Mouth-related injuries are common among people who engage in contact sports such as baseball, boxing, and football. Because of this, players wear Midtown mouth guards to reduce the risk of injuries and avoid breaking and even losing their teeth. They can be worn by both children and adults and are beneficial for people who grind and clench their teeth. If you need a mouth guard, it is best to consider one that offers the best fit due to protection and comfort purposes. Here is what you need to know about mouth guards.

What is a mouth guard?

Mouth guards are dental devices that fit snuggly over your teeth and offer covering from trauma caused by injuries and bad habits like teeth grinding. Both kids and adults can use mouth guards for different reasons. For example, you can wear a mouth guard if you play contact sports such as baseball, and your child who grinds their teeth may need one. Other activities that require you to cover your teeth include biking and ice skating.

Types of mouthguards

·         Custom fitted

A custom-fitted mouth guard is designed in a professional laboratory to meet your personal needs. They offer the right fit since your specialist uses impressions of your teeth to make a mouth guard based on the size and shape of your teeth. A custom-made mouth guard can be made to protect your teeth from grinding or for use during sporting activities.

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·         Boil-and-bite

As the name suggests, these devices are made from a thermoplastic material that can be molded to any shape. They provide a better fit than stock mouth coverings since they take the shape of your natural teeth. You dip the mouth guard in hot water to make it soft, then, using your fingers, press it onto the molars and front teeth. After its positioning feels right, bit down for seconds, remove the device and run it in cold water. If it does not fit well, you can repeat the steps until you achieve the right fit.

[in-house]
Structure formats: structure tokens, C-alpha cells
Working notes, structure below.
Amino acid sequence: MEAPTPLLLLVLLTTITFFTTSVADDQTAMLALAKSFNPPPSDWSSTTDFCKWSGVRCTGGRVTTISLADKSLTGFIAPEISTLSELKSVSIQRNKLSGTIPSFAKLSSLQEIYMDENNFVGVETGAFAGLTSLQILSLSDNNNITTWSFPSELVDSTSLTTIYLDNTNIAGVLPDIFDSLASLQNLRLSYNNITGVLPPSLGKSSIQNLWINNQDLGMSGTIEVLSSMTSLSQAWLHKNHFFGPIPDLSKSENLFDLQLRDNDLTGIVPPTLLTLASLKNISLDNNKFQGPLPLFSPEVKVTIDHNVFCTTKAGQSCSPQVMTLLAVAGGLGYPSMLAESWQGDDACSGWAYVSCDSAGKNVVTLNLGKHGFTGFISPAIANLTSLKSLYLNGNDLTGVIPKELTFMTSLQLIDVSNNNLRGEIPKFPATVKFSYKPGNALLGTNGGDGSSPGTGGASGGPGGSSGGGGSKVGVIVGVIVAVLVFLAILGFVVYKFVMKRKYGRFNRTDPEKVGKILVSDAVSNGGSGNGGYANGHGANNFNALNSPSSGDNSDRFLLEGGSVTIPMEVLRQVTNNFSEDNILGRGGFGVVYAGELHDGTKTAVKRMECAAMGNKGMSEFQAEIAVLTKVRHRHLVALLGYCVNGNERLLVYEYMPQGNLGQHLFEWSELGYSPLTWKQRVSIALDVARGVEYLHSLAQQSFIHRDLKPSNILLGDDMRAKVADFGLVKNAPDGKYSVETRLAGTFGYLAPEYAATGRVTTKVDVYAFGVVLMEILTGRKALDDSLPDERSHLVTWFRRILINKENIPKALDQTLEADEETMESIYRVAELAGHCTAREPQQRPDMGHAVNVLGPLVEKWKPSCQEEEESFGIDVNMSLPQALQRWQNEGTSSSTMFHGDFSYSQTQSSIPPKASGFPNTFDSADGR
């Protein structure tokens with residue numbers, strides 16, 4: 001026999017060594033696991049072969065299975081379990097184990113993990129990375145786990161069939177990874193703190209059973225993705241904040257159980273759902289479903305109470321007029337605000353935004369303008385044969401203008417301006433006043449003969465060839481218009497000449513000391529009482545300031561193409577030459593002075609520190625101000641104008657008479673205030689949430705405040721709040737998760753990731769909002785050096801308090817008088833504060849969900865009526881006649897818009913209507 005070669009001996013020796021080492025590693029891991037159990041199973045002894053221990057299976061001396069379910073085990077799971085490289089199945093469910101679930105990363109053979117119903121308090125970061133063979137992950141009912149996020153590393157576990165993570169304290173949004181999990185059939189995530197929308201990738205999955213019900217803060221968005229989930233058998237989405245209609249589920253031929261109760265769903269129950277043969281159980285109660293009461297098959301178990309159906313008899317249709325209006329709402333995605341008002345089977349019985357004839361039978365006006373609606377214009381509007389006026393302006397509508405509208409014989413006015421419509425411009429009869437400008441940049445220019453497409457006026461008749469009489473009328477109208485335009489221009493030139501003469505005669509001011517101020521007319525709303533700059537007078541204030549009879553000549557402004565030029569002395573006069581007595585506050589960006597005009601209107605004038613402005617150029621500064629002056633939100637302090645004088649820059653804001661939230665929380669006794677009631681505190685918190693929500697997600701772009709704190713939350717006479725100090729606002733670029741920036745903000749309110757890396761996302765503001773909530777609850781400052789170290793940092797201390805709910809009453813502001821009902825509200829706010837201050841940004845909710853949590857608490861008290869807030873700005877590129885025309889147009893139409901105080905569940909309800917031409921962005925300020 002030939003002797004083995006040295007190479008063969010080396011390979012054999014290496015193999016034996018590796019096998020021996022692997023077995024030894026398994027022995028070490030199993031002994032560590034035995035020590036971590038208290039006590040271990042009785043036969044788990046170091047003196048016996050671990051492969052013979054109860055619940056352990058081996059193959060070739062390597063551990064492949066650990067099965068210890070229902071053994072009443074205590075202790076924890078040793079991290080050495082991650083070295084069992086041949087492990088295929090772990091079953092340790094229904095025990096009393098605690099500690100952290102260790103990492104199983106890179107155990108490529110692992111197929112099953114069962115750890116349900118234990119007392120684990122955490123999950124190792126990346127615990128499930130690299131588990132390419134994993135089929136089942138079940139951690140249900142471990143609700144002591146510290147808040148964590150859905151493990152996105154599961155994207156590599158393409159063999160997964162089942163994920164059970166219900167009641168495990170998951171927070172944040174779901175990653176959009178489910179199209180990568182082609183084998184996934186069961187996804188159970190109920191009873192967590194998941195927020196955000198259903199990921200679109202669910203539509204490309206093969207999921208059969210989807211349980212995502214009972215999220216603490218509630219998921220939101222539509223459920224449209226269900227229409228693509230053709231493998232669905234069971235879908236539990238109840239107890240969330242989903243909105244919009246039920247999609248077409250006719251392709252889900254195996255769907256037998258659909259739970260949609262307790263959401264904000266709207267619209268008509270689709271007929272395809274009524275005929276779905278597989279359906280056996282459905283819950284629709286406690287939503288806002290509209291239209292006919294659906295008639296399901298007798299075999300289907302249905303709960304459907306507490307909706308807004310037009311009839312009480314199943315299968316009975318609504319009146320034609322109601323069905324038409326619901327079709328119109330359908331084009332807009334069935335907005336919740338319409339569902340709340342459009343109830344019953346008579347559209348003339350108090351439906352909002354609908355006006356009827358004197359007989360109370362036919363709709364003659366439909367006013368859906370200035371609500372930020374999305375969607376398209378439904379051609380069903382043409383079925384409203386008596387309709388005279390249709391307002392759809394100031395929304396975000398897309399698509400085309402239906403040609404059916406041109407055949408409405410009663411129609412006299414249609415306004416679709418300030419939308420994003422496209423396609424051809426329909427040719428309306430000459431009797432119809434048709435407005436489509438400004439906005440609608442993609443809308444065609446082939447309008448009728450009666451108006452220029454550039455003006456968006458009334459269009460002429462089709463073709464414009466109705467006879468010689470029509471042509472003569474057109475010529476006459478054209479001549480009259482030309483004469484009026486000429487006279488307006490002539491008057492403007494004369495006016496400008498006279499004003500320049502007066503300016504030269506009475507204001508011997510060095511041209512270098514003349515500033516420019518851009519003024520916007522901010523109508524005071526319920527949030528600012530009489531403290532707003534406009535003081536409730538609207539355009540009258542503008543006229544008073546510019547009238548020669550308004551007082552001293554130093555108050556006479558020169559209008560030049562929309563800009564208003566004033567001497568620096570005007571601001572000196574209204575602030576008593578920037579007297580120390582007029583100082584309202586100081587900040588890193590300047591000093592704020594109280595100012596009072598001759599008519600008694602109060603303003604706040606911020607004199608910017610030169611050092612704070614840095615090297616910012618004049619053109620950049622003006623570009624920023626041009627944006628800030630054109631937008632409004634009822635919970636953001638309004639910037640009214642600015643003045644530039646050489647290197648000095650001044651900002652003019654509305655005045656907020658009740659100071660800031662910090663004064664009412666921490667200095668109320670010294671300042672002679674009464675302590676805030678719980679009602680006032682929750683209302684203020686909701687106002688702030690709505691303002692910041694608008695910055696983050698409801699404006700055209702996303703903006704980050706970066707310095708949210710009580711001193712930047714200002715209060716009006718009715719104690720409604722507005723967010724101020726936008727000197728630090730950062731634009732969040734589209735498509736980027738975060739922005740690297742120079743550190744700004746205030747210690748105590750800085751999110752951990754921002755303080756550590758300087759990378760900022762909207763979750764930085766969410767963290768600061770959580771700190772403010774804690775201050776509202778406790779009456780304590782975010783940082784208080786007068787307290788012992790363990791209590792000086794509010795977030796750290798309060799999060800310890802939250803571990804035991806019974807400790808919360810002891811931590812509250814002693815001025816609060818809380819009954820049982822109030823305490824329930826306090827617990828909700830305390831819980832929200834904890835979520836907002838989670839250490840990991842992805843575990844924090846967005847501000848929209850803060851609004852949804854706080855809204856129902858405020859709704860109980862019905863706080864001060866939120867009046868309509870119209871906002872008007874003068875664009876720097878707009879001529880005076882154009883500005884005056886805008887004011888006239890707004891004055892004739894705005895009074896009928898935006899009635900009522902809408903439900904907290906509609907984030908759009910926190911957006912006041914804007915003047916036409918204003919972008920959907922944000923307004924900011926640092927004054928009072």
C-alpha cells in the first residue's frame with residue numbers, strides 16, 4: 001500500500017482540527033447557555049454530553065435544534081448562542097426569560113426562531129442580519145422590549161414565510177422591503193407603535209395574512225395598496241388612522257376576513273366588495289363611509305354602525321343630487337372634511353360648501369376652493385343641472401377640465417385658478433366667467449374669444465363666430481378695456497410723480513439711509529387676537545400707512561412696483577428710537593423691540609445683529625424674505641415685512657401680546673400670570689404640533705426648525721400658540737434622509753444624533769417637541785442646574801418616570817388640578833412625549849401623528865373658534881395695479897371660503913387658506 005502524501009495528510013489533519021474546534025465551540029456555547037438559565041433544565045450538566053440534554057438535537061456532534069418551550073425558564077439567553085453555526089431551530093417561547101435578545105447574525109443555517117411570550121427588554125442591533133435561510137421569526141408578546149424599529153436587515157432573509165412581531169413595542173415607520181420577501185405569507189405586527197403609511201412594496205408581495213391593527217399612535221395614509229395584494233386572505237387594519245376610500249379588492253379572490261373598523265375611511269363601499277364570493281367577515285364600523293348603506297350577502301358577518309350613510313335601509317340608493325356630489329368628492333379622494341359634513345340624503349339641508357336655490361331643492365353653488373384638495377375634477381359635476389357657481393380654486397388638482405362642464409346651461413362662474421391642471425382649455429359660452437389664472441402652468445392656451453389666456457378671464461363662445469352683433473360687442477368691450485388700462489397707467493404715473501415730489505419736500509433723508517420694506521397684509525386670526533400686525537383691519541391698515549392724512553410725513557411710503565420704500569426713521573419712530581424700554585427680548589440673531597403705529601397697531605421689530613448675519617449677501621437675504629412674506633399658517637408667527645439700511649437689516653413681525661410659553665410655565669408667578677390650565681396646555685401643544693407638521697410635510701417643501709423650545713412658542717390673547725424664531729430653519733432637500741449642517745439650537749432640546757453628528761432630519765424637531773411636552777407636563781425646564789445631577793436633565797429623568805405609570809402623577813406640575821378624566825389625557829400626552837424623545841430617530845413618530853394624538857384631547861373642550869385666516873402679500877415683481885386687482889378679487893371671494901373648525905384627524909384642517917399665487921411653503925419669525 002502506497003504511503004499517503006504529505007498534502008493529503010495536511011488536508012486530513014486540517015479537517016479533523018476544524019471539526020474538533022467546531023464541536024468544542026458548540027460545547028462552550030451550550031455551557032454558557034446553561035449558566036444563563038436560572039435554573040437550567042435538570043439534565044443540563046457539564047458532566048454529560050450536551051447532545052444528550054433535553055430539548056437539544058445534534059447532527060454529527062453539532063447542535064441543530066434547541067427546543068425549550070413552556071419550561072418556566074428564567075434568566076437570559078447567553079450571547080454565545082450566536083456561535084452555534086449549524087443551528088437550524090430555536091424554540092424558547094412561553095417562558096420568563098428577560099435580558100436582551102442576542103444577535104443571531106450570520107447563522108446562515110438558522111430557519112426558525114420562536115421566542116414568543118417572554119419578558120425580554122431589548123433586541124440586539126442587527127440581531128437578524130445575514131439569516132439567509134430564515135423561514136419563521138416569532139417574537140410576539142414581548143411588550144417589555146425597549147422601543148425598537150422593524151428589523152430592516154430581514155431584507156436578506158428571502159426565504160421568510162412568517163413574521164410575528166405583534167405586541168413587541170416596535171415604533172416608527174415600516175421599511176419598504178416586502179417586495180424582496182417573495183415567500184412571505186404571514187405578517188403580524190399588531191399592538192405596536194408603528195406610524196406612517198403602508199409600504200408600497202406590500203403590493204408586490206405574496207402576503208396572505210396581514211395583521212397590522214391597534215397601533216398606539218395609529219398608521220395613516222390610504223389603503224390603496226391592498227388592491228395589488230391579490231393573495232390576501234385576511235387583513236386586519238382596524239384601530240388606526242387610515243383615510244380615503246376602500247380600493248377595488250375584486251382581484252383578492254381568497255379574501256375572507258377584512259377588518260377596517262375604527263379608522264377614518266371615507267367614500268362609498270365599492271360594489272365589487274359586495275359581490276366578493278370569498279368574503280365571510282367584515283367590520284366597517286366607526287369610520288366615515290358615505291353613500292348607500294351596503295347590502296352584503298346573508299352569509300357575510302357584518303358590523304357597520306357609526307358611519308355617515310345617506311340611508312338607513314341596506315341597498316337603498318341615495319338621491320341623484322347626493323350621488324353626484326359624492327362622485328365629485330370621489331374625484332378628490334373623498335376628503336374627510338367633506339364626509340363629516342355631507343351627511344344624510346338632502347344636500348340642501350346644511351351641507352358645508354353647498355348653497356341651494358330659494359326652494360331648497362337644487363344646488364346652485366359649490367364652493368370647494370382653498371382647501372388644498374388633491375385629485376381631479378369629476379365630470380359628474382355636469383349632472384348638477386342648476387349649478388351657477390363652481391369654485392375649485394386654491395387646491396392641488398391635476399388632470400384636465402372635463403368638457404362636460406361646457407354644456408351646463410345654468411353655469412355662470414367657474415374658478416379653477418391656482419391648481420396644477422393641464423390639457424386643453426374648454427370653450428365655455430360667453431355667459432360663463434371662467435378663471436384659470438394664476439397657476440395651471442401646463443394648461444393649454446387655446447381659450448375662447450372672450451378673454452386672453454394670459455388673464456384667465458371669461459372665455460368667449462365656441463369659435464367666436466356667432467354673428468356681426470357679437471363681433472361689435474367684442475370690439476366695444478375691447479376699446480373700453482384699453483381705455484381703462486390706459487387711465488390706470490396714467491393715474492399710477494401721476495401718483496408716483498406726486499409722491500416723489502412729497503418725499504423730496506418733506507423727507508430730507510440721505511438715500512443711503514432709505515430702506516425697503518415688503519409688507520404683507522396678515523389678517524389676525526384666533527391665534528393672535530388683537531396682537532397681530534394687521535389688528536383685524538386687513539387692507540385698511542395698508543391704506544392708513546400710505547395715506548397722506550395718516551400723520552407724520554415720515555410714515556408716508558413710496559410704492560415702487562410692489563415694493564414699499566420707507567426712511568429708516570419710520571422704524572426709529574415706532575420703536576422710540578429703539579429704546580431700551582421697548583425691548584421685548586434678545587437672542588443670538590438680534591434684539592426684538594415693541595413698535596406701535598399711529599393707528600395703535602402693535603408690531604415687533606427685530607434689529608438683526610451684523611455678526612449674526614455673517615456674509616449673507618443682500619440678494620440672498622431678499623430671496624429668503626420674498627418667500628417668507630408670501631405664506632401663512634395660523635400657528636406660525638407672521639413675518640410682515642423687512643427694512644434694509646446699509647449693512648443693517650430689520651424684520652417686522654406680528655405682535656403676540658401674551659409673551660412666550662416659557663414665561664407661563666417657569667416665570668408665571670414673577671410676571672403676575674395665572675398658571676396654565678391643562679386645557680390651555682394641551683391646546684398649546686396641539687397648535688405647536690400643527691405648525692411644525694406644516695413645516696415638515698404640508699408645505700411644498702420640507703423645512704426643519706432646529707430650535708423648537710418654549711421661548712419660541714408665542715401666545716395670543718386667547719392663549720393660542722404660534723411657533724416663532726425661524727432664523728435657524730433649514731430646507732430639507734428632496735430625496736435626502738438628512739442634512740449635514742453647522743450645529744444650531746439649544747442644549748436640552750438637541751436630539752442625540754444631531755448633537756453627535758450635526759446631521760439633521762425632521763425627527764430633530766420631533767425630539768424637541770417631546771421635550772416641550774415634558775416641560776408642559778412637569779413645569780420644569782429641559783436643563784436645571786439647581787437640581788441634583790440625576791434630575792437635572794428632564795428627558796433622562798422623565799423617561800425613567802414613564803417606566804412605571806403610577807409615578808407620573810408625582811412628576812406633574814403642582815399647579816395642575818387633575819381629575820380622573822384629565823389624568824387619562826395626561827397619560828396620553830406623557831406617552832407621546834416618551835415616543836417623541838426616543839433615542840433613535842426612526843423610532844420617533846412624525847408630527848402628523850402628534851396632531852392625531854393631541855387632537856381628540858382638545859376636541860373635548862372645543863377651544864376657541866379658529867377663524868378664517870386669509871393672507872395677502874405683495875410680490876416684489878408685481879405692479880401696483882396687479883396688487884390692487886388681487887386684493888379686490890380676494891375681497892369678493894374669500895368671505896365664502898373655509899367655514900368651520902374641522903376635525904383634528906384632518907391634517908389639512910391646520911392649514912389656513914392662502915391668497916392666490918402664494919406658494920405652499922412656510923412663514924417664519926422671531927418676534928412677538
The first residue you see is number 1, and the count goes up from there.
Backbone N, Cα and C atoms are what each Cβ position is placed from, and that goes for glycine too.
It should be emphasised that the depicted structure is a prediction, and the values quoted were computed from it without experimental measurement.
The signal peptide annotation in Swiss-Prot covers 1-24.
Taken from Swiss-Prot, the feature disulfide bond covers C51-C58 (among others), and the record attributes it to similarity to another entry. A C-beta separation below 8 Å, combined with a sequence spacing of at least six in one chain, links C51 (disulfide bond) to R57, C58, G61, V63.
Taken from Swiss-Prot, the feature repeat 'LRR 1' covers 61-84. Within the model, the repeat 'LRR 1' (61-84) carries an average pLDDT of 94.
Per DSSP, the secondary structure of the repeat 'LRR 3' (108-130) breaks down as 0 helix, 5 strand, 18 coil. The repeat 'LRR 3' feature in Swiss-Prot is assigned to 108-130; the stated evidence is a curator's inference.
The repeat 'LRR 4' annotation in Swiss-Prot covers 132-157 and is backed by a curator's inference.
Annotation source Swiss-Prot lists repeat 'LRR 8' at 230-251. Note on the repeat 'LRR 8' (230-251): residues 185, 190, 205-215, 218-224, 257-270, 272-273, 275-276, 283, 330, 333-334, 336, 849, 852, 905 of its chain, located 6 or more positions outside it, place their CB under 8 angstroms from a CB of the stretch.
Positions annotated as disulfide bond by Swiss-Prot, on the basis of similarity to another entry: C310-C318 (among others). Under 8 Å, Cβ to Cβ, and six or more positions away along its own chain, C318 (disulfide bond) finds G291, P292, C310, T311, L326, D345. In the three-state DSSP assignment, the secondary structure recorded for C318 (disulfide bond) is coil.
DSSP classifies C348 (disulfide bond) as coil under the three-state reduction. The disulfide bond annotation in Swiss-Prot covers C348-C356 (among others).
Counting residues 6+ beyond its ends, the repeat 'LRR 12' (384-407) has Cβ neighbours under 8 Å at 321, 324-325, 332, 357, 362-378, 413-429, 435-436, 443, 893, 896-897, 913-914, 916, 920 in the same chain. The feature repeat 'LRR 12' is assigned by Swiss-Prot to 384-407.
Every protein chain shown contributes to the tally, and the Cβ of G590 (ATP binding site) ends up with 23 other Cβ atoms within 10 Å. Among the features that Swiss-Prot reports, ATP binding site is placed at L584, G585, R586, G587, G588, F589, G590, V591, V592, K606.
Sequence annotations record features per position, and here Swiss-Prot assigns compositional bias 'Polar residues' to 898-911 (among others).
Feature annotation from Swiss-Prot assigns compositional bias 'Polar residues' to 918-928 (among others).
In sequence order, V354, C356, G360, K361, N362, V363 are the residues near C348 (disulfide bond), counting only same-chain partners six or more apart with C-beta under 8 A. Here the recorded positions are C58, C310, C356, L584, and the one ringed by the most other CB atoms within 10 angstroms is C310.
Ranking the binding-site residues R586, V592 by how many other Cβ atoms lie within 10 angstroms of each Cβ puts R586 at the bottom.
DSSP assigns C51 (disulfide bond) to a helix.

·         Stock mouth guards

These are ready-made mouth protectors which you can get at sports stores. They are the least expensive, and most of the time, they do not offer the right fit since they are not mainly designed for your teeth. Stock mouth guards may feel bulky, making breathing and talking challenging. Since they offer the least protection, specialists do not recommend their use.

Tips for caring for your mouth guard

  •  Clean your mouth guard after each use with soap and cool water, or you can use a mouth rinse instead. Avoid using hot water as it can distort its shape, which affects the fit. After cleaning, air dries the mouth guard before storage.
  • Your mouthguard should be stored in a perforated container to allow air circulation and prevent damage. Mouthguards that are made of acrylic should be placed in fresh, clean water.
  • Check your mouthguard for general wear and replace if it has a hole or it no longer fits as it should.
  •  Keep it away from children and pets as they can damage or lose your mouth guard.

If you need a custom-fitted mouth guard, visit your dentist at Charles M. Marks, DDS & Dental Associates to have your smile redefined.


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